Current policies for measles control call for administration of a second dose of vaccine to immunize those who failed to respond to the initial dose and to boost the responses of those with low levels of antibody. However, there has been concern expressed publicly that reimmunization may have adverse immunologic consequences. To determine the effects of reimmunization on immune responses, primary school children (N=38, mean age=6.14±0.35 years) with documented previous measles-mumps-rubella vaccine (MMR) immunization during infancy 4-5 years earlier were studied before and 1 month after receiving MMR as a part of routine reimmunization in Beer-Sheva, Israel. A substantial number of children were seronegative to measles (24%), mumps (34%) and rubella (44%). On reimmunization all seroconverted to mumps and rubella and all but one (92%) seroconverted to measles. The geometric mean titer of measles virus neutralizing antibody increased from 171 to 724 and the greatest increases occurred in those with the lowest pre-immunization titers. Moderate increases in levels of total IgM, IgG and IgE were detected in those with increases in antibody to measles virus. After reimmunization leukocyte counts decreased significantly from (5.8×106)±2.3 to (3.4×106)±0.7ml-1 (P=0.0001). The percentages of both CD4+ and CD8+ T cells decreased while the CD4:CD8 ratio remained unchanged. The percentage of CD56+ natural killer (NK) cells increased from 5.2±2.7 to 7.2±2.8 (P=0.01). Functional assays showed improved lymphoproliferation in response to stimulation with phytohemagglutinin and tetanus toxoid and stable NK lytic activity. Therefore, reimmunization was accompanied by decreased leukocyte counts, but leukocyte function was unchanged or improved.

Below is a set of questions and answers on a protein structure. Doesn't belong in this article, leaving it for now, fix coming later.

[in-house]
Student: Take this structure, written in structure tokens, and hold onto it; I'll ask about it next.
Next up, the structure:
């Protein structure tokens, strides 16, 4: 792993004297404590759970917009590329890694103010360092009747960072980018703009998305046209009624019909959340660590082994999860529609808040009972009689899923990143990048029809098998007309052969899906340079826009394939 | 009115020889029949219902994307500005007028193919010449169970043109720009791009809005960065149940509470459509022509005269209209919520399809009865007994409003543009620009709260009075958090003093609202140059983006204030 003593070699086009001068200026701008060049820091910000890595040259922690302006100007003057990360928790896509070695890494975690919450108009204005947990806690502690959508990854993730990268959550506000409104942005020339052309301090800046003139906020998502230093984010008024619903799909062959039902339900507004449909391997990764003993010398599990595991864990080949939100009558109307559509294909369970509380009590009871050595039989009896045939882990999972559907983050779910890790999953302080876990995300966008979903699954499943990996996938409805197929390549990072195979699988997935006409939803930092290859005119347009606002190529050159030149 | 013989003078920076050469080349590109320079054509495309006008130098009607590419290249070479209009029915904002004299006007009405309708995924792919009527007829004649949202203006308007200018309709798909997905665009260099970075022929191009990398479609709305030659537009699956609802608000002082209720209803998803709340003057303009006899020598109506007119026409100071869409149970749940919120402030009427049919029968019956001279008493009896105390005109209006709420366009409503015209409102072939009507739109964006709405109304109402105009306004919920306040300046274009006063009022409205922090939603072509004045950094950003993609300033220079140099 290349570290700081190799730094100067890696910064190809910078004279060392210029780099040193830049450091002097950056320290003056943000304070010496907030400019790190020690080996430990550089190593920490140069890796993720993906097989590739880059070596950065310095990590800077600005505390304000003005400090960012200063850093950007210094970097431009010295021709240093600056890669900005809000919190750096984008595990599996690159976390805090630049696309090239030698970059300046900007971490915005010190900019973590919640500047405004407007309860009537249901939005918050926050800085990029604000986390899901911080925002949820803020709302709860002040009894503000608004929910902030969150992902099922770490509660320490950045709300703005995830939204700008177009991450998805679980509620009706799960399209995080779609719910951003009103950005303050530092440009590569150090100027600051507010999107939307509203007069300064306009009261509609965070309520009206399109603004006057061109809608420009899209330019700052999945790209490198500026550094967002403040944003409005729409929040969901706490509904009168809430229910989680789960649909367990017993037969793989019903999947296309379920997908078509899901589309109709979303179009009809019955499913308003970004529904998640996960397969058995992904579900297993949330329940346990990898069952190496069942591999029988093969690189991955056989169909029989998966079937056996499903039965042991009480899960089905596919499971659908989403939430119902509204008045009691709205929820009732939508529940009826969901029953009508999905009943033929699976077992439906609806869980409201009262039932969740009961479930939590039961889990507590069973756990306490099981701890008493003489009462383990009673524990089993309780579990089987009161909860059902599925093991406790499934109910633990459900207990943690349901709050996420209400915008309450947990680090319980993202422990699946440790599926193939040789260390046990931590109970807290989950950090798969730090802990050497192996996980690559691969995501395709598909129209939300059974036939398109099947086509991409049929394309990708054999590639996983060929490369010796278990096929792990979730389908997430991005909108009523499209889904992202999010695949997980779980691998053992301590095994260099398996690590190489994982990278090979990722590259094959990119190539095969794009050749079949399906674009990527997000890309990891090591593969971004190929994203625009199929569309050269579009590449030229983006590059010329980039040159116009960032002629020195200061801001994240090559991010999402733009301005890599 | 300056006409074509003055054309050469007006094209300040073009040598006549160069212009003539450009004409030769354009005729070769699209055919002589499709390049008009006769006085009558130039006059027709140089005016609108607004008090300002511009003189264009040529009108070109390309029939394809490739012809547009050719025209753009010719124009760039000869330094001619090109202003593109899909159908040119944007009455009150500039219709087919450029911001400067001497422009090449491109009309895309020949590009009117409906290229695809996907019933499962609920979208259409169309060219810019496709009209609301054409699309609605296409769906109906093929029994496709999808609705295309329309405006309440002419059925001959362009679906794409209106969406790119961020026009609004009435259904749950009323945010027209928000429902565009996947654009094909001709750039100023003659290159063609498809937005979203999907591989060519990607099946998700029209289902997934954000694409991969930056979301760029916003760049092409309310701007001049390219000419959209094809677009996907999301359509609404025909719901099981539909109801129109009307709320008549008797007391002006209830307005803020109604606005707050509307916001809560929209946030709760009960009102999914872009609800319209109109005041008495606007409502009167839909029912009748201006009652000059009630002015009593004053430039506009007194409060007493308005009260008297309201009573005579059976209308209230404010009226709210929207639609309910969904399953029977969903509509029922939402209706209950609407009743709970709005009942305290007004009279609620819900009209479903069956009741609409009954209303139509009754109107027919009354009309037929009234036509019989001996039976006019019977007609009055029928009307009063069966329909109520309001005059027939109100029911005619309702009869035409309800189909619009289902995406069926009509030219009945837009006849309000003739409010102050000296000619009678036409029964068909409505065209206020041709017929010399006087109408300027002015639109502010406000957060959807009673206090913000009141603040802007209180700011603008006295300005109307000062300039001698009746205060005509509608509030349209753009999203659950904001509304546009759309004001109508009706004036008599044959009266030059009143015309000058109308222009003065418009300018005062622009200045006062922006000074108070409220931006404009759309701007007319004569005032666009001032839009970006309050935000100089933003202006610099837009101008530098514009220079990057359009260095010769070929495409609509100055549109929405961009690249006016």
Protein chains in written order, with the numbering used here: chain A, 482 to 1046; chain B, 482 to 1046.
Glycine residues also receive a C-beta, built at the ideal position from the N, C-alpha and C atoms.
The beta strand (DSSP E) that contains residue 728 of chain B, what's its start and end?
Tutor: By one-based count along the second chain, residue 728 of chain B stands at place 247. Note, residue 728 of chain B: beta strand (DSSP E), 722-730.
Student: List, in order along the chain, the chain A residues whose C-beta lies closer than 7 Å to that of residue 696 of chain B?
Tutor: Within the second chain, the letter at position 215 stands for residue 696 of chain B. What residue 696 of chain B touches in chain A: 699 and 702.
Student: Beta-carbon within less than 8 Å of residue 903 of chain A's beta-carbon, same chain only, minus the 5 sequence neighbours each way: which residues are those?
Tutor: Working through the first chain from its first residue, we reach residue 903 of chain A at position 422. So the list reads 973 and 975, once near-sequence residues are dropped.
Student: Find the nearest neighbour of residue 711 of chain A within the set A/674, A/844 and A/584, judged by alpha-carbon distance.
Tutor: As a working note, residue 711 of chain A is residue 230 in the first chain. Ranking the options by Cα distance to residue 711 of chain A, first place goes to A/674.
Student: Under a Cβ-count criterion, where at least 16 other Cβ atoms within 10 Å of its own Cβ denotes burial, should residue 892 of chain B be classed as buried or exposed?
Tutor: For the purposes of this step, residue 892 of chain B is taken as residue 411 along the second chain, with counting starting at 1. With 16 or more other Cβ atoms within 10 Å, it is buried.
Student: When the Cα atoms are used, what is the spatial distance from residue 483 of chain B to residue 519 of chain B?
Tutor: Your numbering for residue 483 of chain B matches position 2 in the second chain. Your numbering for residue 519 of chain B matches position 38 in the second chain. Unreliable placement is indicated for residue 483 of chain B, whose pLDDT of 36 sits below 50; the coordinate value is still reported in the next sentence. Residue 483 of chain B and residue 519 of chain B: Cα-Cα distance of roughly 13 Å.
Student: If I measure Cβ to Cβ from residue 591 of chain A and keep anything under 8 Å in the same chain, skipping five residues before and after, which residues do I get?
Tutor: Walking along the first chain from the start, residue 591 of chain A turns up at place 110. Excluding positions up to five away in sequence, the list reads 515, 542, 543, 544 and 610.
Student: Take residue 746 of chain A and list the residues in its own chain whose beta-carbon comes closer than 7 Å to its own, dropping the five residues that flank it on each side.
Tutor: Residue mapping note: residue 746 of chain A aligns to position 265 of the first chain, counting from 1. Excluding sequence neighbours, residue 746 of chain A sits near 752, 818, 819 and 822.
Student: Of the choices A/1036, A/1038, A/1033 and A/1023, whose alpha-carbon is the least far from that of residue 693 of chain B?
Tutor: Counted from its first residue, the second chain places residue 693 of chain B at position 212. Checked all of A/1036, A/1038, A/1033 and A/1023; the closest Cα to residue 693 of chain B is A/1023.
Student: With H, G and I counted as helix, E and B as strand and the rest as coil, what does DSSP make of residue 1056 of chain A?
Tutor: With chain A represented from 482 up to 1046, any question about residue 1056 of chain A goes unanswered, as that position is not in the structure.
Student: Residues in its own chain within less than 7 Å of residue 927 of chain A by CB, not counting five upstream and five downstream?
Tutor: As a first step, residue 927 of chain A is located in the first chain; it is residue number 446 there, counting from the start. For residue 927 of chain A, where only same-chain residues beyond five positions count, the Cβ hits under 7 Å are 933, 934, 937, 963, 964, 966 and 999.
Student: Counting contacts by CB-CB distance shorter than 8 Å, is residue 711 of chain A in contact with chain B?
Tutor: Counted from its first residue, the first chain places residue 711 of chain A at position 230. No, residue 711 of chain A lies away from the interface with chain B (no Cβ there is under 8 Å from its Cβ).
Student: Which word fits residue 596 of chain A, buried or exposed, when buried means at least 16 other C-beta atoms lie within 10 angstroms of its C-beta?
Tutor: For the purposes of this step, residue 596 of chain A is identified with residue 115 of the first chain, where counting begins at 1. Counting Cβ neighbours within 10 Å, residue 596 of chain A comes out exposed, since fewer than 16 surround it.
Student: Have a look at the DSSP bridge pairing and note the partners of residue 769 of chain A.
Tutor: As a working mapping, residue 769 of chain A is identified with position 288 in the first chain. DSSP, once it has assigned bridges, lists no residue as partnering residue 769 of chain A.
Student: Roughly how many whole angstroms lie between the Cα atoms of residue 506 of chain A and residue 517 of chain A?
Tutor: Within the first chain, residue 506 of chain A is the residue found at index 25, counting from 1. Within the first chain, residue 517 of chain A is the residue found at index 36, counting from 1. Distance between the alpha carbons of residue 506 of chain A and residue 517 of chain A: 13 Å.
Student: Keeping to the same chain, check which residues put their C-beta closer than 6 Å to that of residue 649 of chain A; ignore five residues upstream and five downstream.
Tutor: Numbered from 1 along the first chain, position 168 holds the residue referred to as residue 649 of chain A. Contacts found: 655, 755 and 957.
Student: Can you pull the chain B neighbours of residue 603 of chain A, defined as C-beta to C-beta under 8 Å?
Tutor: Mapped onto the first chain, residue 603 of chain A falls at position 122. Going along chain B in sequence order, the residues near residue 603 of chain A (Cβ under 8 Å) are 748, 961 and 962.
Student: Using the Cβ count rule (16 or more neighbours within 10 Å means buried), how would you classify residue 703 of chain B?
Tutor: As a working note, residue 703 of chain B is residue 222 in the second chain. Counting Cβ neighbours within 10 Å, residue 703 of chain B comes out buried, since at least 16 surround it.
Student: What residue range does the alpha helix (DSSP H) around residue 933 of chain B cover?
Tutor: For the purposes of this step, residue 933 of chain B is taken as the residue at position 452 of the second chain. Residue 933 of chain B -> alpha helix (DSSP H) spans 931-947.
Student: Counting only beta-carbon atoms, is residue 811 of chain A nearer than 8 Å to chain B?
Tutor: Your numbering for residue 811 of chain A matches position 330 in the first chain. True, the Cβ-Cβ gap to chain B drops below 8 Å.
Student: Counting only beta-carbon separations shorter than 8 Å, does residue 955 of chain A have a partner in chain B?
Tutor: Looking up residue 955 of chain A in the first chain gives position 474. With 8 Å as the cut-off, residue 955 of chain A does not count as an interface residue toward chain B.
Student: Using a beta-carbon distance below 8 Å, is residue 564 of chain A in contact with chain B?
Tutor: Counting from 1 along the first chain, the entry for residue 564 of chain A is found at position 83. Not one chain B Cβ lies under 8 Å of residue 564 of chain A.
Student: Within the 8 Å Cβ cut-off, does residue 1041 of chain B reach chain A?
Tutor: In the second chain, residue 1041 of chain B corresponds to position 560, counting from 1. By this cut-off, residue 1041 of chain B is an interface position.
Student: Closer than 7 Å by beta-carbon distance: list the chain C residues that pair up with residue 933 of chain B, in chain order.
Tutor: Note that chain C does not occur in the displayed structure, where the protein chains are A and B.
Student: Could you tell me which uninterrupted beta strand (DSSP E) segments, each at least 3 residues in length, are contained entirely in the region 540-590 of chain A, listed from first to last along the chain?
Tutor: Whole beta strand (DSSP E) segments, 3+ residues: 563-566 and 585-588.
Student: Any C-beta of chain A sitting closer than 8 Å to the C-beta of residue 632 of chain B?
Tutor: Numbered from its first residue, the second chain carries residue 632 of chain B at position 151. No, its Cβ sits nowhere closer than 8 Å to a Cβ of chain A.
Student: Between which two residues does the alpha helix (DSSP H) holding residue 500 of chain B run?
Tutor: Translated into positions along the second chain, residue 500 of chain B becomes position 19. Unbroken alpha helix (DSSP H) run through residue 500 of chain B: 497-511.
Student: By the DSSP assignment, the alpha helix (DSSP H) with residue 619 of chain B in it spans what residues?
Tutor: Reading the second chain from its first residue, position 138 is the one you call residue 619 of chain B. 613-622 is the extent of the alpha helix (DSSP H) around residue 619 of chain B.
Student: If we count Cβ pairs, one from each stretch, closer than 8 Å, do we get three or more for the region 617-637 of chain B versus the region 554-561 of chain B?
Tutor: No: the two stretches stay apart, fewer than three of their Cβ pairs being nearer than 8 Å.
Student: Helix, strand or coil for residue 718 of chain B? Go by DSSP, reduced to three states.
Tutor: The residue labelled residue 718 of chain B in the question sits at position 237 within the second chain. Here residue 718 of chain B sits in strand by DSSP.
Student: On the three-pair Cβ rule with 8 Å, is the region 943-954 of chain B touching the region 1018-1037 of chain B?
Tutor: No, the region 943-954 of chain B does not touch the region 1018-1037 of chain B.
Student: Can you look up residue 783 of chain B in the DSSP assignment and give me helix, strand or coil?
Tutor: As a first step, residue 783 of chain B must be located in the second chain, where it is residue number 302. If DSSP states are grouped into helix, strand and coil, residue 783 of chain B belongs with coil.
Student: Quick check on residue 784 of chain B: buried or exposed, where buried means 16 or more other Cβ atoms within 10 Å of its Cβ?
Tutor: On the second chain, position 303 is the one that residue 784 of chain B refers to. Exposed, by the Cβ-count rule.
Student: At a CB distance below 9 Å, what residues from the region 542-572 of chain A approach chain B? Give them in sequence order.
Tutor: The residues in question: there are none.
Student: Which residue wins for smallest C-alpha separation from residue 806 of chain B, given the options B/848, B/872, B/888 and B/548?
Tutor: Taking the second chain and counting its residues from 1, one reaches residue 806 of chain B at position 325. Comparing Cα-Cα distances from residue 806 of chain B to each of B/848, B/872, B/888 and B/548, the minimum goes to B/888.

- NK cells
ASJC Scopus subject areas
- Molecular Medicine
- Immunology and Microbiology(all)
- Public Health, Environmental and Occupational Health
- Infectious Diseases